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Whenever we get e-mail asserting that Freemasonry is a religion (or whatever), we've always responded: "No, you're wrong! It's a fraternity."

Much to our surprise - and after giving this same response for 6-7 years - we received a perfectly sincere question in return asking "What do you mean?" At first, we thought that he was being sarcastic or taunting but based on his earlier messages, that seemed completely out of place. We then wondered if we'd been corresponding with a teen-ager but realized that his vocabulary and online behavior were certainly far more mature than any teen - and having worked with the Order of DeMolay for our own entire adult life, we figured we could tell.

So we wrote back and asked, "What do YOU mean? Don't you know what a fraternity is?"

The reply was really shocking: NO! He'd looked up the dictionary and had found a definition but it was still something he didn't understand. Thinking about this, we decided that we'd TRY to explain the concept here but we recognize at the outset that unless someone has had a peripheral experience from which to extrapolate, it may STILL be totally meaningless to them.

A fraternity is - for all intents and purposes - a group of males who have banded together with a formal rule structure that governs their organization. They have a methodology for selecting new members as well as an initiation process that is essentially the same for each and every new member regardless of where or when he joins. Their organization encourages the concept of working for their common good and many fraternities explicitly also espouse a 'service' or charity concept as part of their reason for being.

Those who grew up 30 or more years ago came into contact with fraternities regularly either through their own college activities or through various movies or family stories. The nuclear family has rapidly disintegrated since that time and because of excesses, colleges have - in many cases - severely discouraged such groups, even to the point of banning all such activity on campus. Movies aren't made about fraternities very often and so it's quite conceivable that an individual really has no concept of what a fraternity is/does.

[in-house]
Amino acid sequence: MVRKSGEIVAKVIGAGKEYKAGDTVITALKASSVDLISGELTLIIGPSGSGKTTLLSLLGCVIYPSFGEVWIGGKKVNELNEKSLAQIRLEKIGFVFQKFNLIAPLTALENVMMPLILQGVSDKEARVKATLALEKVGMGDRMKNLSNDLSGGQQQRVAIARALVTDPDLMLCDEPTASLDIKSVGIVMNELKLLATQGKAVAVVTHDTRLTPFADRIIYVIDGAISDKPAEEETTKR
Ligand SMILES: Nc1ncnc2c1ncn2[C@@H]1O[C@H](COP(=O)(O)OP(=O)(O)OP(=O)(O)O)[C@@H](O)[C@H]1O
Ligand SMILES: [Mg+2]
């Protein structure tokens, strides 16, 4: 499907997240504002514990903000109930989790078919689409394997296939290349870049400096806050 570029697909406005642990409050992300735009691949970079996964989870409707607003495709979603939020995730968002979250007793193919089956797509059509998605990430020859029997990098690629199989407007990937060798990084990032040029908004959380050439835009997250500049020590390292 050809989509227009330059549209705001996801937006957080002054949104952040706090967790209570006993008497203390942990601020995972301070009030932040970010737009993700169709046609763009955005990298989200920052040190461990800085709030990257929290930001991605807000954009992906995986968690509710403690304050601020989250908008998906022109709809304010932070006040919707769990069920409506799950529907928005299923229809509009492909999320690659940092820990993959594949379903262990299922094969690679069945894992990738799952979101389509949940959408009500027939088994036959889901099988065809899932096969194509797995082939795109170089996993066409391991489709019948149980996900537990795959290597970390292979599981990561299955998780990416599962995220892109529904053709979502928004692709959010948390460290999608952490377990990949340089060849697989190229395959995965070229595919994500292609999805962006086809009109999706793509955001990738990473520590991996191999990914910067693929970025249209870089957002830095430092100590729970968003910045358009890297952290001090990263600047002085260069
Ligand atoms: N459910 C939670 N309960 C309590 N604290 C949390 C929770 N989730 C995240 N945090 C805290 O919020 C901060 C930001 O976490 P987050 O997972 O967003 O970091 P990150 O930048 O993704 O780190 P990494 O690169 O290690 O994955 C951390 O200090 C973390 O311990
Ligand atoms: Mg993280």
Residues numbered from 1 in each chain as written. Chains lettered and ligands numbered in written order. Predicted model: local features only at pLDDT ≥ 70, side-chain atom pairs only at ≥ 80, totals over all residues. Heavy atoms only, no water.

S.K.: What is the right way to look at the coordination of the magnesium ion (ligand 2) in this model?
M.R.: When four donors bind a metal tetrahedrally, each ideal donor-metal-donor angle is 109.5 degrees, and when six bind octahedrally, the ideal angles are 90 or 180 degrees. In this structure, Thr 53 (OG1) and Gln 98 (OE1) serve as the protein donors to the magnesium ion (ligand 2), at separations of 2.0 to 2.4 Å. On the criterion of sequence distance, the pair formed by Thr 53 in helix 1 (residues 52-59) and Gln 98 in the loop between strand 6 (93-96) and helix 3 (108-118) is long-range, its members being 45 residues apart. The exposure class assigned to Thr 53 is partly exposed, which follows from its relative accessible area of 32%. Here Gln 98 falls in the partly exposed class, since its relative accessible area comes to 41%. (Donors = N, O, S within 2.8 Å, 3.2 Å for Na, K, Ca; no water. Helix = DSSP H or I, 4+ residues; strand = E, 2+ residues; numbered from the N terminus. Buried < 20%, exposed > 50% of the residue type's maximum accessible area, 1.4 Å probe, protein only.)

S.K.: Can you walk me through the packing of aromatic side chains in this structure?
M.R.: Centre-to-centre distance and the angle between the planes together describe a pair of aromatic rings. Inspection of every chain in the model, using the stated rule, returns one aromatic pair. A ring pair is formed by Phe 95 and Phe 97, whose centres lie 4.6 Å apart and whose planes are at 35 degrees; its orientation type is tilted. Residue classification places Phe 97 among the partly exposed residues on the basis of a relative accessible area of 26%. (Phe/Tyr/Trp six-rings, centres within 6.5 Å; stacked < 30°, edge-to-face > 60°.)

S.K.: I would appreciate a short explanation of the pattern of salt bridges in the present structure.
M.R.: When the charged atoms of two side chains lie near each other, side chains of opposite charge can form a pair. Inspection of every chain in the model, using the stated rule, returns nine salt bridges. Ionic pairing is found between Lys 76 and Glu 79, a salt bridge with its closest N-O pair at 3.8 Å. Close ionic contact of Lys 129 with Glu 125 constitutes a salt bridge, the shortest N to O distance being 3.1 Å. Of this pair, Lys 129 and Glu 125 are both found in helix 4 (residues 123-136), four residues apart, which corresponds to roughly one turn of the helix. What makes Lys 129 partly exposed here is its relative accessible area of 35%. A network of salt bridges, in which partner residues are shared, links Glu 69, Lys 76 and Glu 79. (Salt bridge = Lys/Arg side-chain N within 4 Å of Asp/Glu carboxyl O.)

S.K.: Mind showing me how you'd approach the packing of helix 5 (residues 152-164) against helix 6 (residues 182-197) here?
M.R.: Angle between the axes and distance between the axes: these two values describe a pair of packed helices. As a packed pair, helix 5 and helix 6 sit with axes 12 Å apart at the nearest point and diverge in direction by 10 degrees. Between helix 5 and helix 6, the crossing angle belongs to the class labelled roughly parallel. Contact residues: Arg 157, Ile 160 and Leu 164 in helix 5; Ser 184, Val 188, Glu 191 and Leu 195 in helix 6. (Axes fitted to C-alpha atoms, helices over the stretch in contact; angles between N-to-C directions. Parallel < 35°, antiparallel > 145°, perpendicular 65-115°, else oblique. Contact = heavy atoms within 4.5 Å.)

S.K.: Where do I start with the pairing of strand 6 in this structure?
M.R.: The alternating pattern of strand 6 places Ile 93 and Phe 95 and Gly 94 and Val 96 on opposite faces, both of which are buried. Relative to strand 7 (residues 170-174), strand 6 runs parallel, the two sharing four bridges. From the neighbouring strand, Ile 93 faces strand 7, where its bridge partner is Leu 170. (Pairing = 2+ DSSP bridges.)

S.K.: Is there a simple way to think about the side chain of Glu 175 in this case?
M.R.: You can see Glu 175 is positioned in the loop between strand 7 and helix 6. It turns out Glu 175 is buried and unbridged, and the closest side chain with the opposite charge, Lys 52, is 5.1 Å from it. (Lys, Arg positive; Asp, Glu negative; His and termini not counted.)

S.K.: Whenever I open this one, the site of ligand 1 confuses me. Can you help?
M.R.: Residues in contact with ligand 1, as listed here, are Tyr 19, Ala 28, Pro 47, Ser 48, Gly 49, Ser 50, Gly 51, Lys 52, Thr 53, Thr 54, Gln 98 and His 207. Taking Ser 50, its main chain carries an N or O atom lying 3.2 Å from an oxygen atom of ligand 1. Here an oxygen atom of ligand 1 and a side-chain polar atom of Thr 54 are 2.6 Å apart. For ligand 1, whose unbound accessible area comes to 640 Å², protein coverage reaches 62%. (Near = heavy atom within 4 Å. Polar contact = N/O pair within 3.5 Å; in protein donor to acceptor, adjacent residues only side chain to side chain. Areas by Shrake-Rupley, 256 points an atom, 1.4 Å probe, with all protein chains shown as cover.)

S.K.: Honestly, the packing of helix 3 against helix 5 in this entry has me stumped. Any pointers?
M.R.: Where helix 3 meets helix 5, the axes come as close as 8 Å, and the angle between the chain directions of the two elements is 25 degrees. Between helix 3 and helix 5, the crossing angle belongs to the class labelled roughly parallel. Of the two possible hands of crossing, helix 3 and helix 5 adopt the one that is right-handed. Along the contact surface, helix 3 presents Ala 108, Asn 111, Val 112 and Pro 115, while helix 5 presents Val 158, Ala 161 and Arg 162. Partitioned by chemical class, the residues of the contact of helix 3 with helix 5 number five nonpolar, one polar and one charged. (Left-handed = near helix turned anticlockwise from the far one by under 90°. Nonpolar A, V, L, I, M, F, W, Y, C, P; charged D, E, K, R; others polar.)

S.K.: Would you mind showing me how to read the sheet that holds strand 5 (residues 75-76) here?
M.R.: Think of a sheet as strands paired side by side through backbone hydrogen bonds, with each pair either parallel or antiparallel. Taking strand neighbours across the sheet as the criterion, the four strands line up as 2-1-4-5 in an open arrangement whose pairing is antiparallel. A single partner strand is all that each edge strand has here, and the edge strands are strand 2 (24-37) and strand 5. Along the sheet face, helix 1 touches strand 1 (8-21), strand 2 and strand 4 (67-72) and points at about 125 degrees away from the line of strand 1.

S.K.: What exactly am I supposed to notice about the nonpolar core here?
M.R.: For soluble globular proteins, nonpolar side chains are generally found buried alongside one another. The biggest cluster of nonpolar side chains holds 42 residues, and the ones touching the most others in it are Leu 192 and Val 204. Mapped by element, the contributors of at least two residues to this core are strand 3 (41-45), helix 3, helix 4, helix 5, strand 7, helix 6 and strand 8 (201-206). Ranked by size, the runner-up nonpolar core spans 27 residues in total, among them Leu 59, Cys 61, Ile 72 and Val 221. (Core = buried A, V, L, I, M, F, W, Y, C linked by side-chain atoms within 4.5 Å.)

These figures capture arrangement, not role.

While we often use the word 'fraternity' to describe Freemasonry, that term is a bit off the mark. Those familiar with college fraternities, for example, know that members pledge themselves to support each other over all others. This is NOT the case in Freemasonry where such preference is specifically circumscribed to be 'when all else is equal'.

Certainly there is a generally standardized process for receiving candidates and there are generally standardized rituals that a member will pass through before he becomes a full member of the organization. Members do understand that they can rely on their Brothers even when such reliance places them both at peril of life and limb.

Where the comparison begins to break down, though, is that unlike a college fraternity, for example, Freemasons agree to help one another ONLY when all other things are equal. If one were to think about this objectively, they'd realize that even golf club members might show more preference to 'their own' than do Masons - yet since that's not what makes good stories, it's far easier to fantasize that Masons never get parking tickets, always get the best jobs, and are never accountable for anything they do.


I'm a fraternity member. Will I enjoy Freemasonry?

One of the questions we regularly are asked is whether or not those who've been involved with a college fraternity will find the same bond of friendship and brotherhood as a Freemasonry. The answer is an unequivocal "YES"! For a lot of those who've joined fraternities during their youth, being a Mason is a very natural extension of the closeness and shared service they've already experienced and enjoyed.

Of course, ribald humor and pranks are not a part of the Masonic experience so depending on the fraternity to which you belonged, this may be slightly different. If you were part of a service-oriented group, though, you'll feel very much at home.

In any event, the extent of your brotherhood will be FAR greater than that of any college fraternity or club and it will be as important (if not moreso) than your current fraternal membership is. 

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This site and its contents are (copyright) 1998-2014 by Edward L. King (Ed King). All rights reserved. All comments and opinions are mine personally.

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